By this time, Scipio’s administration was drawing to a close. There were two final pieces of legislation. First, he agreed to make the office of VP Tournament Director the second position up for grabs at elections rather than the VP Comp (Novice Education) Director. There was really no good reason for this change beyond a nod to Fabius’s vanity over Cynthia vis a vis the prestige of their positions. Next, he created two new Vice-Presidential positions and eliminated the position of Treasurer. Now, there would be a Vice-President of Finances and a Vice-President of Operations, aka the Secretary. All four VPs would be equal in status as a nod to the large number of competitive people in Kimel’s class—Sulla A, Sulla B, Jason, Josephus, Aemilia, Rufus, and Porus, to name only the most active.

We’ve now come to a turning point in the story, the 2003 election. With the benefit of hindsight, it is difficult to say why the competition meant so much to Kimel. Whatever the results of what amounted to an intra-team popularity contest, he was then the most successful debater of his class. No one broke more than he did with a greater variety of partners—literally a different person every week, including two novices. Ultimately, something about Sulla A’s self-image and the favoritism shown to him by senior members on the team inspired a deeply competitive instinct in him. Certainly, competition with Sulla was the main reason that Kimel attended tournaments virtually every weekend (he almost never missed them), and why he submitted himself to doing grunt work on the team, not only at the Harvard tournament, but long afterward, like when he personally dragged cartloads of T-shirts from the factory to his bedroom, storing them for a (failed) fundraising effort.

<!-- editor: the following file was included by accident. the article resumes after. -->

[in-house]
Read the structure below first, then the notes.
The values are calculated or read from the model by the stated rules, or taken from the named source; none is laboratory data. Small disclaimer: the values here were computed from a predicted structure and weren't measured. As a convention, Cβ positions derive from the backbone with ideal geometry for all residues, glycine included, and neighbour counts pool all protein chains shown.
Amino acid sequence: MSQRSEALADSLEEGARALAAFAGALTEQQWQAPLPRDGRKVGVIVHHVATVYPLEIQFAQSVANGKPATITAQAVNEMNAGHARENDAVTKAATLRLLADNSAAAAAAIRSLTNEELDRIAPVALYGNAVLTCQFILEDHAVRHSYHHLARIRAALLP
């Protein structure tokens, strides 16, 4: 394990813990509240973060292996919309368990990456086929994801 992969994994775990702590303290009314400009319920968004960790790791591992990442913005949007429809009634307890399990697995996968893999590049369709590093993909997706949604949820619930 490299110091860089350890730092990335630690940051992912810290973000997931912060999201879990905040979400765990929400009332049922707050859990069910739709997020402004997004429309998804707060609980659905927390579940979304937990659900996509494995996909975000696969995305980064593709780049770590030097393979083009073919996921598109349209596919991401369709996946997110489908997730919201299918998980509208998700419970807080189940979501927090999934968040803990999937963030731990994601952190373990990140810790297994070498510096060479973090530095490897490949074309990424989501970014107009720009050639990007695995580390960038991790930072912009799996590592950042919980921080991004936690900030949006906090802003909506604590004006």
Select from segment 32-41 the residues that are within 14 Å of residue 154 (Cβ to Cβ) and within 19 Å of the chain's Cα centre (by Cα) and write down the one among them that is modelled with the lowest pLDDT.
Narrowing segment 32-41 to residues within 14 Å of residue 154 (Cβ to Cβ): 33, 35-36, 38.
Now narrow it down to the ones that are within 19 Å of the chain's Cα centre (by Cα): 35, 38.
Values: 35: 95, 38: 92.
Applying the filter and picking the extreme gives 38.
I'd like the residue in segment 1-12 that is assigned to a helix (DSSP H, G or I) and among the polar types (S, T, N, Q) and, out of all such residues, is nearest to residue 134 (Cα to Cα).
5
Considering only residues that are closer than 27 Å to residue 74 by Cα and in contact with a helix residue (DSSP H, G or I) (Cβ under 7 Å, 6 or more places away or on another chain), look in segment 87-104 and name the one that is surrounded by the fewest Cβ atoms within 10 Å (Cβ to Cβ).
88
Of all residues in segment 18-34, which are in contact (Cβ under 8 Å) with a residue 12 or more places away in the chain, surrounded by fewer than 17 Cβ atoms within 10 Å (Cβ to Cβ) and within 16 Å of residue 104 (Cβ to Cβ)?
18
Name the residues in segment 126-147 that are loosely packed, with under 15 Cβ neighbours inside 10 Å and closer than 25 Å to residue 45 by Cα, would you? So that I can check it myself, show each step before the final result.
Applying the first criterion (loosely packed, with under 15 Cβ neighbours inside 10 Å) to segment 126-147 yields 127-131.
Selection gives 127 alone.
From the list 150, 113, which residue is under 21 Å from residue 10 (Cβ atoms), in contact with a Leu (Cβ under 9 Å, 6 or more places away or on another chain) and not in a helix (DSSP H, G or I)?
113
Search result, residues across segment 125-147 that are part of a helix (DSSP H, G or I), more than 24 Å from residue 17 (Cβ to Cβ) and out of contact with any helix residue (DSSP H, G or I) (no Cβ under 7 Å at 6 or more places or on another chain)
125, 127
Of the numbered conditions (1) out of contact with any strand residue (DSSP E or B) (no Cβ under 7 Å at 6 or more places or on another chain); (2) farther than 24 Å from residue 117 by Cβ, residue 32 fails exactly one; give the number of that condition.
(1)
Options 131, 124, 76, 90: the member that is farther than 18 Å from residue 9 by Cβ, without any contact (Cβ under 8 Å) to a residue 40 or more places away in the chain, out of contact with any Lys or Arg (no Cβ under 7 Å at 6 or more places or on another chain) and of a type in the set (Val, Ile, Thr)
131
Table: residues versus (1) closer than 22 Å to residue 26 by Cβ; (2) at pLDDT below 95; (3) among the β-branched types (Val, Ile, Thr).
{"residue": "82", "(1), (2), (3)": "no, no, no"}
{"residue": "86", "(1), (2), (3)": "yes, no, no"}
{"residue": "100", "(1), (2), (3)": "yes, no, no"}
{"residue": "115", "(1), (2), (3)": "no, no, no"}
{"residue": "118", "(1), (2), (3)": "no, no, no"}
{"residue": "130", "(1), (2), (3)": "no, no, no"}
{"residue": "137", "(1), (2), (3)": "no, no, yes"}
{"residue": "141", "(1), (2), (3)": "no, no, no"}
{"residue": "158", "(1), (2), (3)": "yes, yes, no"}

However, naïveté proved a detriment to Kimel’s plans, not only in his adoration of Agrippina (any happiness he found in debate he still ascribed to her influence), but in his belief that the sheer volume of his work could actually win him the election. As a Roman history enthusiast, he should have realized that politics wins elections, not self-sacrifice. When it came to politics, Sulla A excelled. He held private interviews with almost everyone on the team, requesting their candid advice and, rumor had it, lyingly promising to support all of them in their own election plans. He even brought his roommate to vote on election day. (In fairness, this roommate did complete the basic comp requirements to be on the team). In fact, Sulla A was not universally popular, and there were some upperclassmen who did not want to see him elected. What makes matters worse, though, is that Kimel eventually found out that he wasn’t even in second place for the position in the mind’s eye of the team, for Fabius had recently taken to Jason and decided to undermine Sulla A’s chances by supporting him for office.